Sunday, April 01, 2012

Detective Comics 395

So far, the most interesting thing about reading the Bronze Age Batman comics chronologically is seeing things develop in context. For example, it's one thing to hear about how Detective Comics 395, "Night of the Waiting Graves," the first Batman story by Dennis O'Neil and Neal Adams marks a turning point for Batman as a comics series. It's another thing entirely to see how radically it transforms the series from the entertaining Frank Robbins-scripted whodunnits of the past couple of issues into something altogether different.

Considering that the O'Neil/Adams team is regarded as one of the definitive Batman creative teams, it's interesting that their first issue together feels very atypical. In a lot of ways, this story, with its overt supernatural elements, wouldn't feel too out of place in one of DC's horror books of the period. It's closer to a House of Mystery story than it is to the Batman stories that precede it. Batman is in an unfamiliar location (Mexico), taking on a mysterious, apparently immortal, couple who depend on a mystical flower for their immortality. However, the flower can also bring madness, and Batman is forced to battle the demons of his own psyche rather than a traditional villain like the Penguin or the Joker.

If I'm honest, I think the story succeeds more in terms of mood and tone than plot. The story rushes along, with very few explanations. The whole immortality-giving flower thing feels so isolated: it shows up in this story, and is gotten rid of by the end.

Neal Adams' art, on the other hand, is the real breakthrough. I had earlier proclaimed my enjoyment of Irv Novick's work on Batman, but Adams introduces a whole new energy in these pages. I don't have the art-school vocabulary to really explain what makes it work, and I don't want to fall back on the traditional phrases like "dynamic" or "realistic." (Although I think "realistic" really only applies when compared to the work of folks like Dick Sprang.) But compared to what came directly before, it does feel fresh, new and exciting.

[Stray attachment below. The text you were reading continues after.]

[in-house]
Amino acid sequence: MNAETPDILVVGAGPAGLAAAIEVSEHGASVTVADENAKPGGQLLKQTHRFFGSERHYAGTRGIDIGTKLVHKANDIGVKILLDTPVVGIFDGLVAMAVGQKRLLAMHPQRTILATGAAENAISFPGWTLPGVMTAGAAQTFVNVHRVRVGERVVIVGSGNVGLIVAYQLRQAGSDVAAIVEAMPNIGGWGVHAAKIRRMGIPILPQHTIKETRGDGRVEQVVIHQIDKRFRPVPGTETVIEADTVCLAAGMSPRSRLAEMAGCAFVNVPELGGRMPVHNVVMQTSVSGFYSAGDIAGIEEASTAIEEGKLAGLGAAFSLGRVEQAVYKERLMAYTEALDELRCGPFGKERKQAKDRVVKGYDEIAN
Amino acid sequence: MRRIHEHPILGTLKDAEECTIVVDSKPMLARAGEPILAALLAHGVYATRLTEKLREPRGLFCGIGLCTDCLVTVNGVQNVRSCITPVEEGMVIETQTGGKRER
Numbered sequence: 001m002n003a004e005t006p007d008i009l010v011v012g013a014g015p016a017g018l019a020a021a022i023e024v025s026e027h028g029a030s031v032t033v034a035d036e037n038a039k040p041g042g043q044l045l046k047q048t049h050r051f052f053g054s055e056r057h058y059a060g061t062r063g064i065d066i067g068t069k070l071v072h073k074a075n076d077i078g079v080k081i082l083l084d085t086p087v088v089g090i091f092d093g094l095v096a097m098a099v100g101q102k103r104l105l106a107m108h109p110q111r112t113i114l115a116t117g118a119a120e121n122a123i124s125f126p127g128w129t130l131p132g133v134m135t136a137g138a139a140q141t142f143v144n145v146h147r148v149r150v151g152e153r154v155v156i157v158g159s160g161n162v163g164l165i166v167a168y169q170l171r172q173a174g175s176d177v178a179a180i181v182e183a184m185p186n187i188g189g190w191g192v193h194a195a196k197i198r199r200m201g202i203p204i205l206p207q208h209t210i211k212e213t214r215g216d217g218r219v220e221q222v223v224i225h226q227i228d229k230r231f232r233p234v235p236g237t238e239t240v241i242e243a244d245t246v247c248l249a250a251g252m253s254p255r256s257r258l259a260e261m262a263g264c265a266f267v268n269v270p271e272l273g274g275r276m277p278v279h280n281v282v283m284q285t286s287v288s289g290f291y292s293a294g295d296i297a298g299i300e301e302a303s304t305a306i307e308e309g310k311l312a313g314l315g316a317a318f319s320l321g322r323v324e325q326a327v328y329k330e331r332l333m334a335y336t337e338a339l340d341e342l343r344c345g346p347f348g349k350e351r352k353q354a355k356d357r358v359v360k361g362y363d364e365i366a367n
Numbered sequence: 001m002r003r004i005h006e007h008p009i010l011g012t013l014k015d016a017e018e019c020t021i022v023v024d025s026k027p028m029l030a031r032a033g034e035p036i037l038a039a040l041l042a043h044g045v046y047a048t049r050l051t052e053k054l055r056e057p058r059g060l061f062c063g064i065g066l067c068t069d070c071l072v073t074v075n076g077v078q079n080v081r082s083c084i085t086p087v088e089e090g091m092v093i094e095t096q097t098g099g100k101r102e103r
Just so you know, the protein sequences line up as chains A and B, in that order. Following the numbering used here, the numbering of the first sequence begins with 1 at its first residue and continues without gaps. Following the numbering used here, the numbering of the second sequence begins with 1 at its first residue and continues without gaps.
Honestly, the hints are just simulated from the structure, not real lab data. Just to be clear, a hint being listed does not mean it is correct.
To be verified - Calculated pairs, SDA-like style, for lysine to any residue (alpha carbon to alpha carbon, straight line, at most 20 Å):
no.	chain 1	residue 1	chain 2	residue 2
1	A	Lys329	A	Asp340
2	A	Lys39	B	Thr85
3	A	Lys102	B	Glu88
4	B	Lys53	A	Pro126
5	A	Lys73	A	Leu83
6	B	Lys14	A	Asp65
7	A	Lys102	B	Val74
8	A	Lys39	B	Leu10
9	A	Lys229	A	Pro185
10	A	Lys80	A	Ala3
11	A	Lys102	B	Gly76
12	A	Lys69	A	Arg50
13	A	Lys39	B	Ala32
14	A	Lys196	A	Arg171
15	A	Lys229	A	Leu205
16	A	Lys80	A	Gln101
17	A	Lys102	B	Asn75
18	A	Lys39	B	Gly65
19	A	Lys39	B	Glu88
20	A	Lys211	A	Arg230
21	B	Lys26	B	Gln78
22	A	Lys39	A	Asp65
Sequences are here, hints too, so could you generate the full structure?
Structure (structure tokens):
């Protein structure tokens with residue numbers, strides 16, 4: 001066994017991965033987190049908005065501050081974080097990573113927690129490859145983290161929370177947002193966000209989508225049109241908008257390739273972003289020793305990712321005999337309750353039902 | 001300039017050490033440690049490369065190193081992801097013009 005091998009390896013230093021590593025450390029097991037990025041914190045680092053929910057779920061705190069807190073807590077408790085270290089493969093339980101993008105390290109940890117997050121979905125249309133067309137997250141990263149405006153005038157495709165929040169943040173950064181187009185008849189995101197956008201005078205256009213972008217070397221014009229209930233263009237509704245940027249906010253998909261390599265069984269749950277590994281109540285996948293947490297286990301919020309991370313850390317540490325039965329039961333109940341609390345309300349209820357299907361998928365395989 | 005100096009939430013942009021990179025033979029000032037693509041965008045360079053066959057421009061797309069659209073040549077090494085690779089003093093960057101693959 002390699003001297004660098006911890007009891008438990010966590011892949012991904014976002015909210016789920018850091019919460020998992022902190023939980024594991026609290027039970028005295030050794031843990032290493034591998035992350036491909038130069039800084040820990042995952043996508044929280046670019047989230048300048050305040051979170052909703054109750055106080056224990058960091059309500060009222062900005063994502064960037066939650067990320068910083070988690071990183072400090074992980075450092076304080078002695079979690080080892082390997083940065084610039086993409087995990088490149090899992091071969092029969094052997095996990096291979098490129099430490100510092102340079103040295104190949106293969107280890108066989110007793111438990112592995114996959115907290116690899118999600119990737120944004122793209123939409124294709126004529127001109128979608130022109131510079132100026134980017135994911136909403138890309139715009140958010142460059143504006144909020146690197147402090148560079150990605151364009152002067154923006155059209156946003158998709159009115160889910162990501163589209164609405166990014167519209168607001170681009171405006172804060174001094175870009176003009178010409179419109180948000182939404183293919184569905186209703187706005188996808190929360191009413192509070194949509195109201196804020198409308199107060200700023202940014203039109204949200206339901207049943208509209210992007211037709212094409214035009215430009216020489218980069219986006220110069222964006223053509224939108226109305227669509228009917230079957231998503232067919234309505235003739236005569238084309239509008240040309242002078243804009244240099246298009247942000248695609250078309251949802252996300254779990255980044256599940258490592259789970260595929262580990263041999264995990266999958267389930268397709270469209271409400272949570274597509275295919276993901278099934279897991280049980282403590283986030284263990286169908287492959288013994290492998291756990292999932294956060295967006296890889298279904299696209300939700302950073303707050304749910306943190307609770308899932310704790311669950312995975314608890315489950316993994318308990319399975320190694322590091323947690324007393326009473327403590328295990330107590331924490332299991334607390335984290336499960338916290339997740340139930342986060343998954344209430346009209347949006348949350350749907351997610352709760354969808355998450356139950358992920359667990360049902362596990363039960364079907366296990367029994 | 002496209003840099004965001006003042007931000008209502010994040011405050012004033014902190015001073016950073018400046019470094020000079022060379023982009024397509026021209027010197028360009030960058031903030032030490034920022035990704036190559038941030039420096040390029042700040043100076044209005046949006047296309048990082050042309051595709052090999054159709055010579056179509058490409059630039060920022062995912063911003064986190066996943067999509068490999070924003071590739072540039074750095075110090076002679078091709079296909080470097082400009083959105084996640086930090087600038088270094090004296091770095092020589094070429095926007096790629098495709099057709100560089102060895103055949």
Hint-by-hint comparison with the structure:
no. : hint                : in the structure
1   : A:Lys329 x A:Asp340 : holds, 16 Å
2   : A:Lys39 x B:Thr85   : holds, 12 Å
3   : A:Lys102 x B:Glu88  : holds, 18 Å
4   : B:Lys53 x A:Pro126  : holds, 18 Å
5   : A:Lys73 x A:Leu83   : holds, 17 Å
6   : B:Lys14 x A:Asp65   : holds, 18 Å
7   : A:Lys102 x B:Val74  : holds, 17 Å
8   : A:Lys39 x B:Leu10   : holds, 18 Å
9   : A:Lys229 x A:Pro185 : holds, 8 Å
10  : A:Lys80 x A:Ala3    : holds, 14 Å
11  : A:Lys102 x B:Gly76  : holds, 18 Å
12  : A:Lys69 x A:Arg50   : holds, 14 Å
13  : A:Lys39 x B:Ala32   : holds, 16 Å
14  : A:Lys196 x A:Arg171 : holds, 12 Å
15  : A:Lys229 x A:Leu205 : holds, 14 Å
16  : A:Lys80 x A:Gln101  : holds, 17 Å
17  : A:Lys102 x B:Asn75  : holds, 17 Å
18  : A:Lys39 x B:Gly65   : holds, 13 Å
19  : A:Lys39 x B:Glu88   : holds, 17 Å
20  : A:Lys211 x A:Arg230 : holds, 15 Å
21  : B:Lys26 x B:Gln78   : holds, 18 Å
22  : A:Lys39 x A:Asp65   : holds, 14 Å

The back of the book is taken up by the second half of the Robbins/Kane Robin solo story. I don't really have anything to add to what I said about the first part: it still has the feel of a writer struggling to appear contemporary and relevant without actually being part of the culture he's writing about. The story uses campus protests as the main part of the plot without appearing to understand the politics of those protests.

Robin story notwithstanding, this issue will always have its place in history as the first O'Neil/Adams Batman story. And while it may not represent the duo at the height of their powers, it's pretty good in its own right, regardless of its historical significance.

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